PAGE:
Dead in the water: mortality messaging in water crisis communication and implications for pro-environmental outcomes.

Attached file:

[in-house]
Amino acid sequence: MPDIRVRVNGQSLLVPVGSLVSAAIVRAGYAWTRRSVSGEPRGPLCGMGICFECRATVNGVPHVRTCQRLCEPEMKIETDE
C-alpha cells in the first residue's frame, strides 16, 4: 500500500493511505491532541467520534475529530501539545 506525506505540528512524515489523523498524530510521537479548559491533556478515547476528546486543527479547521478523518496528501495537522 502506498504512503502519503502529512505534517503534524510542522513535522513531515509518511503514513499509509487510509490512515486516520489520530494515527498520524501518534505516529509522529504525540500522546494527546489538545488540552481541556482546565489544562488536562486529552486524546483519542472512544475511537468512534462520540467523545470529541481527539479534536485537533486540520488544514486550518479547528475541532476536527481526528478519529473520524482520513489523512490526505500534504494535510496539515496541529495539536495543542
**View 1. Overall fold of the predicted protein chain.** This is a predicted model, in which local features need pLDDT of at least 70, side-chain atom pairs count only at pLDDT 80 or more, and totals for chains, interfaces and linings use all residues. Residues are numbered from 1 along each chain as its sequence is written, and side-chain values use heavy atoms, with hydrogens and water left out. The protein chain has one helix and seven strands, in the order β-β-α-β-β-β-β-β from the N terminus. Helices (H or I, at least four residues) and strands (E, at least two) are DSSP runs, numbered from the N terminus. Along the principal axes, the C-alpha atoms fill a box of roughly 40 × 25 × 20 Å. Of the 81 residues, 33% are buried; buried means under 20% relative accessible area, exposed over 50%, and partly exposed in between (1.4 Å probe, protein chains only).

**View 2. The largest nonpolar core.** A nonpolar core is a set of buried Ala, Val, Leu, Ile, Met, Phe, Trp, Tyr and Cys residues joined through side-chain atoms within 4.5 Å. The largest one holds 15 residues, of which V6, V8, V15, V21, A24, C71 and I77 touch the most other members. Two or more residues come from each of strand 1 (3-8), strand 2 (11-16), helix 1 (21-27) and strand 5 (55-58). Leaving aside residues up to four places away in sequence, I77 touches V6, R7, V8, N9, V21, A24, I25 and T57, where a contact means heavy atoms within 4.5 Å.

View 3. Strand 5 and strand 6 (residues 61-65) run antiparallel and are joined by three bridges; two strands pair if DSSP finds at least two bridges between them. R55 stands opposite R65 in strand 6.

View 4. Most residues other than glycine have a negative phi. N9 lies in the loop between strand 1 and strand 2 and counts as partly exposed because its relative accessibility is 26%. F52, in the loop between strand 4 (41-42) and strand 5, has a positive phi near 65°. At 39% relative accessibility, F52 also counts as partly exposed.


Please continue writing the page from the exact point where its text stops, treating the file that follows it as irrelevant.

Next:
All nature relies on water, yet climate change threatens water availability to the highest degree-from too much (e.g. extreme weather; flooding) to too little (e.g. droughts; wildfires). These water shifts threaten all life on earth. Societies' safe and reliable water accessibility faces growing uncertainty from climate change; however, water crisis communication may inadvertently remind audiences of their mortality. According to terror management theory, these mortality reminders can hinder pro-environmental efforts in humans and even increase intergroup biases-a significant challenge for developing environmental solutions. While climate change has been examined as a mortality reminder, water remains untested. We presented participants with either a mortality-laden message, an aversive but not-life-threatening message, or one of three threatening water-related messages-experiencing drowning, dehydration or contaminated water consumption-to determine if the water-related messages function similarly to the mortality message. Some (e.g. drowning; contaminated water), but not all (e.g. dehydration), water messages increased death-thought accessibility, which could lead to paradoxical environmental behaviours, depending on the audience. Our research findings should inform policymakers, non-profit organizations and other water correspondents' communication strategies. As some threatening water messages elicit similar responses to known mortality reminders, the way water crises are framed is important for water-related decision-making and ensuring equitable, successful pro-environmental outcomes.